Money given to help EU and US cotton farmers is ruining the chances of the West African cotton industry and distorting the global cotton market, according to a report released last week by the Fairtrade Foundation called The Great Cotton Stitch Up.
The report focuses on four West African countries referred to as ‘the C-4’ (cotton four): Benin, Burkina Faso, Chad and Mali, which all rely on cotton more than any other country to make money from exports.
Although the EU only produces 2% of the world’s cotton, its farmers get subsidies of $2.51 per pound of cotton, which is more than the market price. The US and the EU have spent $31.45 billion over the past nine years, which has led to what Fairtrade calls a ‘dampening down’ of cotton prices and reduced demand for West African cotton.
According to Fairtrade the ‘stitch up’ is that, although cotton is the most used natural fibre in the world, countries where it is cheap to produce remain poor and dependent on aid. the reprt claims this is largely down to subsidies to farmers in richer countries. Cotton should be something that helps lift countries like Chad and Mali, where 40% of the population depend on the cotton industry, out of poverty. Fairtrade says this is more likely to happen if the C-4 are on a level playing field with the EU and the US.
In 2001, the Doha Development Round (DDR), negotiations which aimed to create global trade rules that would simulate growth in opportunity and wealth for developing countries, began. However, little has been achieved over the last decade.
Fairtrade admits that if subsidies were eliminated production would decline in countries like the US, but that it would rapidly expand in other countries like the C-4. This argument could lead to criticisms from the ‘we-look-after-our-own’ brigade: why shouldn’t the EU give an advantage to their own farmers? The answer to this would be that EU and US aid to developing countries could be reduced if Southern countries had more economic independence.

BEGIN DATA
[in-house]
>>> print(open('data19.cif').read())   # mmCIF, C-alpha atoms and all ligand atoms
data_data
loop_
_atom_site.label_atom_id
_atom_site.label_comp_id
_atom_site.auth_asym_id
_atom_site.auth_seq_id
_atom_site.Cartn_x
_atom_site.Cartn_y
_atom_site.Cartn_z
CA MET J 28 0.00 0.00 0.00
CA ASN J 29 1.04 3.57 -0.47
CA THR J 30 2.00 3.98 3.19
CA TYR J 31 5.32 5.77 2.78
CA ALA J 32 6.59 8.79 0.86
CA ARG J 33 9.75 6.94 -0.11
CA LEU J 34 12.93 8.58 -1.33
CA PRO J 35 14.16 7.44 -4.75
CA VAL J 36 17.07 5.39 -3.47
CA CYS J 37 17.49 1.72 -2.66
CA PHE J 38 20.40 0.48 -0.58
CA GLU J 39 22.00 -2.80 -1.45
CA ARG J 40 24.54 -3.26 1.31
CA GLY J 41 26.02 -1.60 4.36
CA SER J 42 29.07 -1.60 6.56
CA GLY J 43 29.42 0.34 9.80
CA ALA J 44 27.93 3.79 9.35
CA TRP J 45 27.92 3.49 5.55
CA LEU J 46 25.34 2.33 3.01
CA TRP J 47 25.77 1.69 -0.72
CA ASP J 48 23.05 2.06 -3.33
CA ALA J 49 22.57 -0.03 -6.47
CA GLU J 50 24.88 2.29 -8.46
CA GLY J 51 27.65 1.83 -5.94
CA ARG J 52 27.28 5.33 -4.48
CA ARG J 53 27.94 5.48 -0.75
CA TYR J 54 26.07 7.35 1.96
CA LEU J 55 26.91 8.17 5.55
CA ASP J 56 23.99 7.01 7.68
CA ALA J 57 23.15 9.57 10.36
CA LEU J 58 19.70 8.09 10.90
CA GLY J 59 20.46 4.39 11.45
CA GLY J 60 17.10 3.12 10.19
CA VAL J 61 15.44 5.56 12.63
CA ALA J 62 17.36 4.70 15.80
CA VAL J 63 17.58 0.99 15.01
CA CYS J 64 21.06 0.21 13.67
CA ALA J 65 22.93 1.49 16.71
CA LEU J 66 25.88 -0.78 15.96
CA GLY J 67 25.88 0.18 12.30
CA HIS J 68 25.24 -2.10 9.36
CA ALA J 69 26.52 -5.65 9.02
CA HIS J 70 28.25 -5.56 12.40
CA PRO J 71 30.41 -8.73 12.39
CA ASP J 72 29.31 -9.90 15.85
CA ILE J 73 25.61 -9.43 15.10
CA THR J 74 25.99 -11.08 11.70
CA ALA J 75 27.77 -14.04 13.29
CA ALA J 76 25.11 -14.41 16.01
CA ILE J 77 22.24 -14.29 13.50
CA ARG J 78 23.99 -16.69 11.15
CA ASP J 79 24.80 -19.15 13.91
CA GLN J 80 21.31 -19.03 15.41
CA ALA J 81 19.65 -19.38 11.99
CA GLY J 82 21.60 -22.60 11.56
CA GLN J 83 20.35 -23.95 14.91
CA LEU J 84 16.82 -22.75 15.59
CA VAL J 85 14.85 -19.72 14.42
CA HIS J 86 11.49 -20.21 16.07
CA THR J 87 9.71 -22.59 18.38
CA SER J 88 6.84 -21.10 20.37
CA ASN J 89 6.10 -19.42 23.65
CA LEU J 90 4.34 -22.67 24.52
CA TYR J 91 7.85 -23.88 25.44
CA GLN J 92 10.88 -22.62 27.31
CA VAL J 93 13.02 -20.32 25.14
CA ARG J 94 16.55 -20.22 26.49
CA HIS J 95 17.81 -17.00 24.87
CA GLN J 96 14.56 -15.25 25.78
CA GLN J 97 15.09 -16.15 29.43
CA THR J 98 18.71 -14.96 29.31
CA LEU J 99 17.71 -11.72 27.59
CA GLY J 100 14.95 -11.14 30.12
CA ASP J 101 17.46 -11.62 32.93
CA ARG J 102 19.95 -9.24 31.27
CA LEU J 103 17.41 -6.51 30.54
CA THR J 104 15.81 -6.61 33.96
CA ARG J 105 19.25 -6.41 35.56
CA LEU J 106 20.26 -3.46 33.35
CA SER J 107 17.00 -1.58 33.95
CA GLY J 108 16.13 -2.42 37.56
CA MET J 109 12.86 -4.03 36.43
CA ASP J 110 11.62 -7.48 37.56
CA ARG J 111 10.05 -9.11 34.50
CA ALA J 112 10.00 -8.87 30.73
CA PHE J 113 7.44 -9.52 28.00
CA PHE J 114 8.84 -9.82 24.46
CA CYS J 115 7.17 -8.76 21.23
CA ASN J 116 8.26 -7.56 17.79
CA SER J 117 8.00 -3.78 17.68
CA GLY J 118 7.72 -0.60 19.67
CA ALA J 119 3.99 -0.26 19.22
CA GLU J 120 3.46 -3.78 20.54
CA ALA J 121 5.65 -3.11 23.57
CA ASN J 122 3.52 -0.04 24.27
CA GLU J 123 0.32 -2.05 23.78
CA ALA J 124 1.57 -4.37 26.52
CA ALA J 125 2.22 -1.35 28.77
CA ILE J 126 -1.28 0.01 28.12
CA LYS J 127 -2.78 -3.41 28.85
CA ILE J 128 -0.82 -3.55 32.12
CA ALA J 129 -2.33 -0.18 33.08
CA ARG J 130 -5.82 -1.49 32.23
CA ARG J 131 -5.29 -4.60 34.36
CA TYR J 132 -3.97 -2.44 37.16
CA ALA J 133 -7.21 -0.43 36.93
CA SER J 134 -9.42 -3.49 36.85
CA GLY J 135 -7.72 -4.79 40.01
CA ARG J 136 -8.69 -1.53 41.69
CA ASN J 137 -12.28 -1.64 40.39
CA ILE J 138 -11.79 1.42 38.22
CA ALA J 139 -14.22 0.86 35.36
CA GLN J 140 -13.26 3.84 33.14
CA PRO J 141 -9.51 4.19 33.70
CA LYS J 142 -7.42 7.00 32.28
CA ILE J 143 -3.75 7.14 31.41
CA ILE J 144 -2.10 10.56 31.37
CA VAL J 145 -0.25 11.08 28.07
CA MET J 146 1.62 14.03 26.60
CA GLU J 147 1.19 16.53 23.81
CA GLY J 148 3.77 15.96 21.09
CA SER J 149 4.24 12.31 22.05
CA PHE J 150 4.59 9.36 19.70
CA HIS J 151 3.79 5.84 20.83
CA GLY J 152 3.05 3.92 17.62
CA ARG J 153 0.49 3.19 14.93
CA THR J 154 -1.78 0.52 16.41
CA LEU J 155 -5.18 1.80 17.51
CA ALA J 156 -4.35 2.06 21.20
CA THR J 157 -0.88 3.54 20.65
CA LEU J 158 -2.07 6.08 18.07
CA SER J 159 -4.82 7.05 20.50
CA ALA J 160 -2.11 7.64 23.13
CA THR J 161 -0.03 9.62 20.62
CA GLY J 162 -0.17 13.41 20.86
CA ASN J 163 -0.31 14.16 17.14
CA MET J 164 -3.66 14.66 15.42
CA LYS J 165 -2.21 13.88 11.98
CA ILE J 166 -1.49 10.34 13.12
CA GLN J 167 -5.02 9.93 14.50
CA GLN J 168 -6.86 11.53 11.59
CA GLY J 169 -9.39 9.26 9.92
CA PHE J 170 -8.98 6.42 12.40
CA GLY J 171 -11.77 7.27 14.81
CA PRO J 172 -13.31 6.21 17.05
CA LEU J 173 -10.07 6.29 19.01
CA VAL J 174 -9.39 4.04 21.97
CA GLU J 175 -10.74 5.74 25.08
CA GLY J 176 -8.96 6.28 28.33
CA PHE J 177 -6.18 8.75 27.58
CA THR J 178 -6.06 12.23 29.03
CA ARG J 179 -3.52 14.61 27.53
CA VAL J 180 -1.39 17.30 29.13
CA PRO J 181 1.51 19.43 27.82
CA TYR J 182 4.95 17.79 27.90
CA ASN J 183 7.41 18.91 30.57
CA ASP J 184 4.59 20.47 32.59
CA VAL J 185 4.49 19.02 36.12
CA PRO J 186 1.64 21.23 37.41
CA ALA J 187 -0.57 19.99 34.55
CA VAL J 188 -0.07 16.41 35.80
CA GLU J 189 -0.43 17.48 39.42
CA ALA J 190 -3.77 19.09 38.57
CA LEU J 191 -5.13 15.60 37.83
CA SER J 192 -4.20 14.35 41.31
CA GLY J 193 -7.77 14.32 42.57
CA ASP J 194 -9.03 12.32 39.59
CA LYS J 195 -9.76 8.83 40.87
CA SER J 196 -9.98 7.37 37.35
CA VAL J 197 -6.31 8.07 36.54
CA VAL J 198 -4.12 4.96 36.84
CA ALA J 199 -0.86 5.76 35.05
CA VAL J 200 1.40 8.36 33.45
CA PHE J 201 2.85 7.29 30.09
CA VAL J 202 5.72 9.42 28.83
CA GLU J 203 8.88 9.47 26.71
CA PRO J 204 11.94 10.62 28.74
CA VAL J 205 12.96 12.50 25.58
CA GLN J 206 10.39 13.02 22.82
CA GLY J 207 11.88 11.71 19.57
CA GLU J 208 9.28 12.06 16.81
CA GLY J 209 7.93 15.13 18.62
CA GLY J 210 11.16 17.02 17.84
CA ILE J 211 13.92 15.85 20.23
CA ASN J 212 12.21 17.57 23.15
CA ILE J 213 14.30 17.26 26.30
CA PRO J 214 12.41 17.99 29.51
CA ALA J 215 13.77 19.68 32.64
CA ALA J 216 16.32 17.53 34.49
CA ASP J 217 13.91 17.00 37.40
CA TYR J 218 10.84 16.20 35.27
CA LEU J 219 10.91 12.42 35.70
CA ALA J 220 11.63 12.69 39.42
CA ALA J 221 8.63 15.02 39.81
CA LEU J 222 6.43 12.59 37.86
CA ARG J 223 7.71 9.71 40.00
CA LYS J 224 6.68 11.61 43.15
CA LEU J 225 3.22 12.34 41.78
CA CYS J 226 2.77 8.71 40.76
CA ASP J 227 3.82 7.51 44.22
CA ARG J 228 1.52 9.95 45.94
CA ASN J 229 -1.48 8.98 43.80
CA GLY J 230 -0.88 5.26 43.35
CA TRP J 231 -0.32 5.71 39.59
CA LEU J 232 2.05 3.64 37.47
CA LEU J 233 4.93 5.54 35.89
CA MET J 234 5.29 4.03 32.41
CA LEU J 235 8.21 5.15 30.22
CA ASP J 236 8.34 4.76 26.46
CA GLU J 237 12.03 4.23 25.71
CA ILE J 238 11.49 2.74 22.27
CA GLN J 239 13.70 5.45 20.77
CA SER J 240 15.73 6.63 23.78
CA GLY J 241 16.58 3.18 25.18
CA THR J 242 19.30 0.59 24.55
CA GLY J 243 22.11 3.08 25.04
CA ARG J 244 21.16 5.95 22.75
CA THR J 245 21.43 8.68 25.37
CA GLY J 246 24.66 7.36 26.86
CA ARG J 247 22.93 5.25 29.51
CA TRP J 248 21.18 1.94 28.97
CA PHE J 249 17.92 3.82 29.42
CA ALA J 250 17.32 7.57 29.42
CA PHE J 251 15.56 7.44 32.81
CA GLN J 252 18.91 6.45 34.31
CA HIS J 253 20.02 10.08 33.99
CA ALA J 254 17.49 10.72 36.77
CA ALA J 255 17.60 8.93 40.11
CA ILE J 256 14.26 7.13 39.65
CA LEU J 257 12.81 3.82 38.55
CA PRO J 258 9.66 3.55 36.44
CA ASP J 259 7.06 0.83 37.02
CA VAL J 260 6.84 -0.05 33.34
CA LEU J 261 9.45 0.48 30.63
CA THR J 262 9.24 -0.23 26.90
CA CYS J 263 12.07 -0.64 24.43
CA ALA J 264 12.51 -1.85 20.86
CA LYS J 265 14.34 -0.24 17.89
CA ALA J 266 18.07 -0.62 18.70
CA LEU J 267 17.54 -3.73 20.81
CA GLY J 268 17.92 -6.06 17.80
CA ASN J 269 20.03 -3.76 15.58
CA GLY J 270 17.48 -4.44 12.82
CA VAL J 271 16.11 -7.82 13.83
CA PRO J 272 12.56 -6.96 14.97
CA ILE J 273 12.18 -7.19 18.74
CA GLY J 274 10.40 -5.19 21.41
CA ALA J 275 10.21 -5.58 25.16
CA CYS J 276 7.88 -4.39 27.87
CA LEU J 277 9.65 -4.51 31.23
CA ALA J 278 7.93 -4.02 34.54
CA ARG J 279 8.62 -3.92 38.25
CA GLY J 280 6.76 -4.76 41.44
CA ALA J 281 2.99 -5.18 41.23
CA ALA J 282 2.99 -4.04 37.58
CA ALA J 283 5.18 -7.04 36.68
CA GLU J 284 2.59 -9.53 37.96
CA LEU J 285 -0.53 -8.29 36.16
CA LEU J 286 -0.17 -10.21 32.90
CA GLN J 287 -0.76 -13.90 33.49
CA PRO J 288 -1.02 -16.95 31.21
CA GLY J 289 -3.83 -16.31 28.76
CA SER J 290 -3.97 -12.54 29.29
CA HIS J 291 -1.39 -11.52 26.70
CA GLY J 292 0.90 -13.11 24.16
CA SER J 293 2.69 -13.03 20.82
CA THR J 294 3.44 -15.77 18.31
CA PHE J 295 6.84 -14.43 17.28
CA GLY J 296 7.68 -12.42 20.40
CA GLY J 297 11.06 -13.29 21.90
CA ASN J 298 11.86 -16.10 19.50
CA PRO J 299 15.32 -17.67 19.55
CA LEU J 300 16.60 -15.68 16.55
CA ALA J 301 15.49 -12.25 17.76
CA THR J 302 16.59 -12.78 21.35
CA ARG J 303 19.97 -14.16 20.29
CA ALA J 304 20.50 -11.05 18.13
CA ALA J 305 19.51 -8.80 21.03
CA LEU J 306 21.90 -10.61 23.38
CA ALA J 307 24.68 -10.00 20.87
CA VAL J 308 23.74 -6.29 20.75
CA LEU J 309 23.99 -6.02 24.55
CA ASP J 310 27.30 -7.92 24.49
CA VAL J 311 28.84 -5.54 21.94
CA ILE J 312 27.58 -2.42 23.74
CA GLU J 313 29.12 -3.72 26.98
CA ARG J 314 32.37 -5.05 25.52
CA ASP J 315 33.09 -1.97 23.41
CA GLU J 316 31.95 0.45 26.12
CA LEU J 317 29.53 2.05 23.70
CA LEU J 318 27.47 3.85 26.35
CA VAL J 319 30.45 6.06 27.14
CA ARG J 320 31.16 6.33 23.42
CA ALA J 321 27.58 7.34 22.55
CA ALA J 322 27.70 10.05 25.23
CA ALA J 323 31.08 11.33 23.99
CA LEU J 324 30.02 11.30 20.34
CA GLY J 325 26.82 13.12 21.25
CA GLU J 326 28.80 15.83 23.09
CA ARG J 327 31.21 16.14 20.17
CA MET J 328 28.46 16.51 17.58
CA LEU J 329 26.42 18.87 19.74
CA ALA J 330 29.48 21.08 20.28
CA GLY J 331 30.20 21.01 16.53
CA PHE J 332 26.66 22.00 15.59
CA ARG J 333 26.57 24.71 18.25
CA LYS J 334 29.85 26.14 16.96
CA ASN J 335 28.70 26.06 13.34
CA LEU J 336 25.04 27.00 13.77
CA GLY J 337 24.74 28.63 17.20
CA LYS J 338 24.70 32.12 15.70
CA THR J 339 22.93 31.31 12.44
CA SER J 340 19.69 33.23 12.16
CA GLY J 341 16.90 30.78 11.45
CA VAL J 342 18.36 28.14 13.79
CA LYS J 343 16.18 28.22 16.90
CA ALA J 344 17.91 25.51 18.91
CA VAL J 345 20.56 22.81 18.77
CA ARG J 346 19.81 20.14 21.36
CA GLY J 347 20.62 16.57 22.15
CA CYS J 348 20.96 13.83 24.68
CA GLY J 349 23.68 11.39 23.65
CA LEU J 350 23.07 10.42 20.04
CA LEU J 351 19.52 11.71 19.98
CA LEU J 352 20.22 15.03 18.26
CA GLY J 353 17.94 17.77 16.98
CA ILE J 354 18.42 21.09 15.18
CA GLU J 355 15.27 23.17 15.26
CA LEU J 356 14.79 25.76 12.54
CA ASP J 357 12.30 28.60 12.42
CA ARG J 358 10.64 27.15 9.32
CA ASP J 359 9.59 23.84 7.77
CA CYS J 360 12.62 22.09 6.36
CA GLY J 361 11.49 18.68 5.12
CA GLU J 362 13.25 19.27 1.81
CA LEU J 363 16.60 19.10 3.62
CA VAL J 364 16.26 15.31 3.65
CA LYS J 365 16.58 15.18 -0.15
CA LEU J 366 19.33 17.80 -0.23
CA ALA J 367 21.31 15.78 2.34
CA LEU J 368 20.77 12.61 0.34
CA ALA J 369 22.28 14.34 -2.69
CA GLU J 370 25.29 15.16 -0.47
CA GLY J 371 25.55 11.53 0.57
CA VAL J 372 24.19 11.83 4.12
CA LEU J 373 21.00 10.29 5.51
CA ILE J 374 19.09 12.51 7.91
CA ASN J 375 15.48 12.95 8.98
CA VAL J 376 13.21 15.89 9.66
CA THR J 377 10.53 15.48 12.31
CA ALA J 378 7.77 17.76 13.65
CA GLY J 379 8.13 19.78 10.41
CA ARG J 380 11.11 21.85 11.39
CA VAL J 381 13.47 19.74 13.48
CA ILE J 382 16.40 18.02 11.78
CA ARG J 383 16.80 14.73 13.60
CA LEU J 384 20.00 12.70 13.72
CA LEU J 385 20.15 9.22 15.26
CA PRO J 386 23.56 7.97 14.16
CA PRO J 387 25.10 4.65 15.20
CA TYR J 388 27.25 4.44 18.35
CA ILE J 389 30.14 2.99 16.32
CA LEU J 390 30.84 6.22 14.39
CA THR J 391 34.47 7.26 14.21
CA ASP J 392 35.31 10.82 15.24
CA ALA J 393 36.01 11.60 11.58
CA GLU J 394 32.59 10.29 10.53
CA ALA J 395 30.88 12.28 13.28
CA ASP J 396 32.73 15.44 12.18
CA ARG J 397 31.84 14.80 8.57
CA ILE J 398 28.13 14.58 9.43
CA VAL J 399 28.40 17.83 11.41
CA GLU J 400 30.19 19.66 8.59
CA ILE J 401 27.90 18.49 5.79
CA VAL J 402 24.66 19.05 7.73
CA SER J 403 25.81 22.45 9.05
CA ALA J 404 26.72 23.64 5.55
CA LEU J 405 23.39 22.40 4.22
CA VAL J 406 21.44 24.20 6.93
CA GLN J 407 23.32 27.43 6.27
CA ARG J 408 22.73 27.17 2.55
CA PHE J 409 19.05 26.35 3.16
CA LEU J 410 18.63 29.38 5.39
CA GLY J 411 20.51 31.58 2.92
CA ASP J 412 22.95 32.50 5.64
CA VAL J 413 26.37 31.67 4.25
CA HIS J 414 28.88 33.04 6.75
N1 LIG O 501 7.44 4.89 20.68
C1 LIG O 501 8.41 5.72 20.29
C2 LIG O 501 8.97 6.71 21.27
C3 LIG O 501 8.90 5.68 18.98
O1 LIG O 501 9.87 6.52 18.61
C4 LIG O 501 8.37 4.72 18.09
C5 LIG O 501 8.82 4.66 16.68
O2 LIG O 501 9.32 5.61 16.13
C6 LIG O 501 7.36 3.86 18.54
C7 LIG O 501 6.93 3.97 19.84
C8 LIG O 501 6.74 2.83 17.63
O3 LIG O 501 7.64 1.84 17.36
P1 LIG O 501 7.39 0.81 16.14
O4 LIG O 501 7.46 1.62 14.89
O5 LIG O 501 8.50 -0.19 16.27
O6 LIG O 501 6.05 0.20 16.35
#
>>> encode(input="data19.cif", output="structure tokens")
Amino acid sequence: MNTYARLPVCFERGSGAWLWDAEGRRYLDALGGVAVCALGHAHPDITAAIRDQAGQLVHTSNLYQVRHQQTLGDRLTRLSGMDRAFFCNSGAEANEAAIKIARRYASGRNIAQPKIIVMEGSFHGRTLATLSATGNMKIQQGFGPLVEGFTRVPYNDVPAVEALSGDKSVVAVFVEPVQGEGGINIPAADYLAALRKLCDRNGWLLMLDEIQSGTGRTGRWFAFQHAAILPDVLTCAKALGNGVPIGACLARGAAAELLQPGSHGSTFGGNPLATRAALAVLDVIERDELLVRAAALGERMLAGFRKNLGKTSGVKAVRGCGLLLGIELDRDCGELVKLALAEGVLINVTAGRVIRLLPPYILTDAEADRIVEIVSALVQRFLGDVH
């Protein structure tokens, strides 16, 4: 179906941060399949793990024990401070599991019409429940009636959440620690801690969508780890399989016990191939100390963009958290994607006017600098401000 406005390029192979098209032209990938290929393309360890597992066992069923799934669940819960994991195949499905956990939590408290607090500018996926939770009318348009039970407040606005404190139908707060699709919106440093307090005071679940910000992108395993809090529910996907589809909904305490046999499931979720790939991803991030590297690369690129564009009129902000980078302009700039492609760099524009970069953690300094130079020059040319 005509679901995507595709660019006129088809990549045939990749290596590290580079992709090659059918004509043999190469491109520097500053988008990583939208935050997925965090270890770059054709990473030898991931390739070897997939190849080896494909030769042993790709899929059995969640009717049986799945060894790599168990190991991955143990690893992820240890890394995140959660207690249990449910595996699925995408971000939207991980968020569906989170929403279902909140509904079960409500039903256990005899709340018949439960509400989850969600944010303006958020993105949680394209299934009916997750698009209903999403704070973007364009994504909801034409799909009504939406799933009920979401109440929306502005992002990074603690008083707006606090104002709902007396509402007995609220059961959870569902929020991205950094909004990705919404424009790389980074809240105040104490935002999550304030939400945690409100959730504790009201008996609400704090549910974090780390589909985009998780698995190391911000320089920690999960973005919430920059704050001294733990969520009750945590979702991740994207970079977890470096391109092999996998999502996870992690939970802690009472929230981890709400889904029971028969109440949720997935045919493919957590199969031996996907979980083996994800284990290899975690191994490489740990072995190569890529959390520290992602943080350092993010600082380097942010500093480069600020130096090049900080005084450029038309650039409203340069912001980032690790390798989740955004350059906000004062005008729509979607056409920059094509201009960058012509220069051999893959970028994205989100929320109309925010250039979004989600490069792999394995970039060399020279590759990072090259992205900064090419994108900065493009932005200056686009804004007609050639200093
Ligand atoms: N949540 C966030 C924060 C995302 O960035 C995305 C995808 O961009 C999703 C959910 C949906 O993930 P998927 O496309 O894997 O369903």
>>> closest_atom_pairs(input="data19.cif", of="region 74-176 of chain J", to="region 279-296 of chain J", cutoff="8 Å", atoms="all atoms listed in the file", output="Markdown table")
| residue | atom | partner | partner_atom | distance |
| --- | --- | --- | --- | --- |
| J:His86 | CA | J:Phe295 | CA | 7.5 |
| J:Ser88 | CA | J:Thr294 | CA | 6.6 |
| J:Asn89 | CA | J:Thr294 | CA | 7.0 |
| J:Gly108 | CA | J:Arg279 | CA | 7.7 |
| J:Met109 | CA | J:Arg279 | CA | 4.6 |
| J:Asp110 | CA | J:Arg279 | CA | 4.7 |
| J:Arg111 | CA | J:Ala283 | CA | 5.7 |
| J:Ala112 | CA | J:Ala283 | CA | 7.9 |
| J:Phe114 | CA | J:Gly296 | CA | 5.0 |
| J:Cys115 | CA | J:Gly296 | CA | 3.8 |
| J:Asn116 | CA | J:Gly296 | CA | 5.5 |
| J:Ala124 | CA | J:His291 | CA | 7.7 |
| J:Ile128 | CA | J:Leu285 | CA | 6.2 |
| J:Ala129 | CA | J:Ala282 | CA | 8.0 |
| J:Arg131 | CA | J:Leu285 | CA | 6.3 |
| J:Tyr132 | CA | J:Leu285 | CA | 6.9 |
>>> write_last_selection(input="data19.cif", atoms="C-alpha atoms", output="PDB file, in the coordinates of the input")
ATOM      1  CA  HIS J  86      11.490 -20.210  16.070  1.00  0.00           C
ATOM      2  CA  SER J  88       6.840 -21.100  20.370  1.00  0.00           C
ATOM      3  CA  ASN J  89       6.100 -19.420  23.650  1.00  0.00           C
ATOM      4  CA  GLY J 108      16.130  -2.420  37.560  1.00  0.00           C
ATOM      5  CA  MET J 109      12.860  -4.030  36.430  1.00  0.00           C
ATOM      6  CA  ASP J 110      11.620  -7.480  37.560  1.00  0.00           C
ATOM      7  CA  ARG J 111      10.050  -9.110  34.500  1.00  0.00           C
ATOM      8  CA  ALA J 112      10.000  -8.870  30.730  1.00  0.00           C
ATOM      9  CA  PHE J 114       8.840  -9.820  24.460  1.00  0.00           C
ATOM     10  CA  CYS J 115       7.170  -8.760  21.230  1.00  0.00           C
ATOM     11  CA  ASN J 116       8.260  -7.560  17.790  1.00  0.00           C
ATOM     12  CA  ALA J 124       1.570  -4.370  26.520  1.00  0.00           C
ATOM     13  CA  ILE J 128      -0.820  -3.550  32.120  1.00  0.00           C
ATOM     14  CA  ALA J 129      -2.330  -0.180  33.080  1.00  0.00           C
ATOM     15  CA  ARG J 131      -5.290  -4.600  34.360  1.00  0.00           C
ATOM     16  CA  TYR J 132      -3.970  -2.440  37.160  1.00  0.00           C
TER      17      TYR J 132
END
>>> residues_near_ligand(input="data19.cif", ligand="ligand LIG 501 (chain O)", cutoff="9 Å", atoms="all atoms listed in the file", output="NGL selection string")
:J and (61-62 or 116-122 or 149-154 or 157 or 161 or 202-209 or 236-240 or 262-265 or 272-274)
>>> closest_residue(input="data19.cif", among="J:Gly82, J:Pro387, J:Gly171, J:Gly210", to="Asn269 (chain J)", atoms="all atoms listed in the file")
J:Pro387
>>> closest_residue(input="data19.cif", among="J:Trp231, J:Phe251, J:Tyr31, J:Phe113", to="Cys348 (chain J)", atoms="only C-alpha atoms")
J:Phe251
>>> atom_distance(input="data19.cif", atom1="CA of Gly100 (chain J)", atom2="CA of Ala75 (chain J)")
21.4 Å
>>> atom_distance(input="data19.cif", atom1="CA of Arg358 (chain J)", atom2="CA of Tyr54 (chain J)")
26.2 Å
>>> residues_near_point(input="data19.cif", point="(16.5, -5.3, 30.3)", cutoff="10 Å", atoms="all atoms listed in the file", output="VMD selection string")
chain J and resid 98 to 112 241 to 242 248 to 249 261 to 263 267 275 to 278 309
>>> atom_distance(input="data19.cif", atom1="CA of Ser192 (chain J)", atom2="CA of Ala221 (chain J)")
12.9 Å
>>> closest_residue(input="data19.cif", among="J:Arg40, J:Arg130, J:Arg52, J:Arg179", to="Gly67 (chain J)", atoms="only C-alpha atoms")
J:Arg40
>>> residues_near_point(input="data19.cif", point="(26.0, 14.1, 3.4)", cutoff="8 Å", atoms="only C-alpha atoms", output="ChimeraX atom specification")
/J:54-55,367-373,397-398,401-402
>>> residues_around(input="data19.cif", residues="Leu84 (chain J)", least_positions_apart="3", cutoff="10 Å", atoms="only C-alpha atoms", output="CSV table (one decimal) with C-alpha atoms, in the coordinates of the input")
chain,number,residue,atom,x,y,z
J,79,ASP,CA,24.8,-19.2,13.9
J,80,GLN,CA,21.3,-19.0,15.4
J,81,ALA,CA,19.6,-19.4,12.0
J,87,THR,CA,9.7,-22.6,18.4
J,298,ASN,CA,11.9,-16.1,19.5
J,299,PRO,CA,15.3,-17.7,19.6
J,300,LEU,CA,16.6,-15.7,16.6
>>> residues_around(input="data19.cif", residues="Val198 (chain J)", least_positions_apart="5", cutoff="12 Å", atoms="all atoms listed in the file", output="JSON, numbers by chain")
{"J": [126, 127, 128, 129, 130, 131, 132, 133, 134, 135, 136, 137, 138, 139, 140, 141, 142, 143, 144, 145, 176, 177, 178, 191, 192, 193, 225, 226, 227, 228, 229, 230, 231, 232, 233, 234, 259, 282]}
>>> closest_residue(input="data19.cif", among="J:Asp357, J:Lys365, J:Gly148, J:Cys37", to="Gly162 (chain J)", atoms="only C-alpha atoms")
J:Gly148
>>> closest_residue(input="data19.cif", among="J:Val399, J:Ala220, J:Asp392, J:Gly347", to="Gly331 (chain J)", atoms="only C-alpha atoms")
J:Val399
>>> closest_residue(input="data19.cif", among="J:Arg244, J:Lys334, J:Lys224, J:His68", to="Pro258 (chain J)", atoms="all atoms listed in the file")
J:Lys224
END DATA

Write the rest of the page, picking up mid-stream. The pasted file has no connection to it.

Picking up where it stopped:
The report accuses the EU and US of taking the easy option: giving aid to countries instead of reforming the systems that keep people trapped in poverty. The document states that the original aims of the Doha Round have been ‘glossed over’. It’s well known that a fundamental power imbalance is one of the major issues in the fight against poverty, but Fairtrade hope that the C-4 coalition will strengthen the position of these countries in global negotiations, along with support from countries like India.
The Indian government came under criticism from the US after its government introduced the Minimum Support Price for its cotton farmers after thousands committed suicide over debt. This is, however, despite the fact that the average Indian government assistance is 15 times less than that given to US farmers.
Fairtrade and eliminating subsidies are not the solution to a fairer global system, but they are a good place to start. The power that certain countries have over others is not only unjust but also unsustainable. Radical and lasting changes need to be made to combat global inequality, but while we are pushing for these to happen, any step towards equality is a good thing.
Words: Amy Hall
Download the full report here.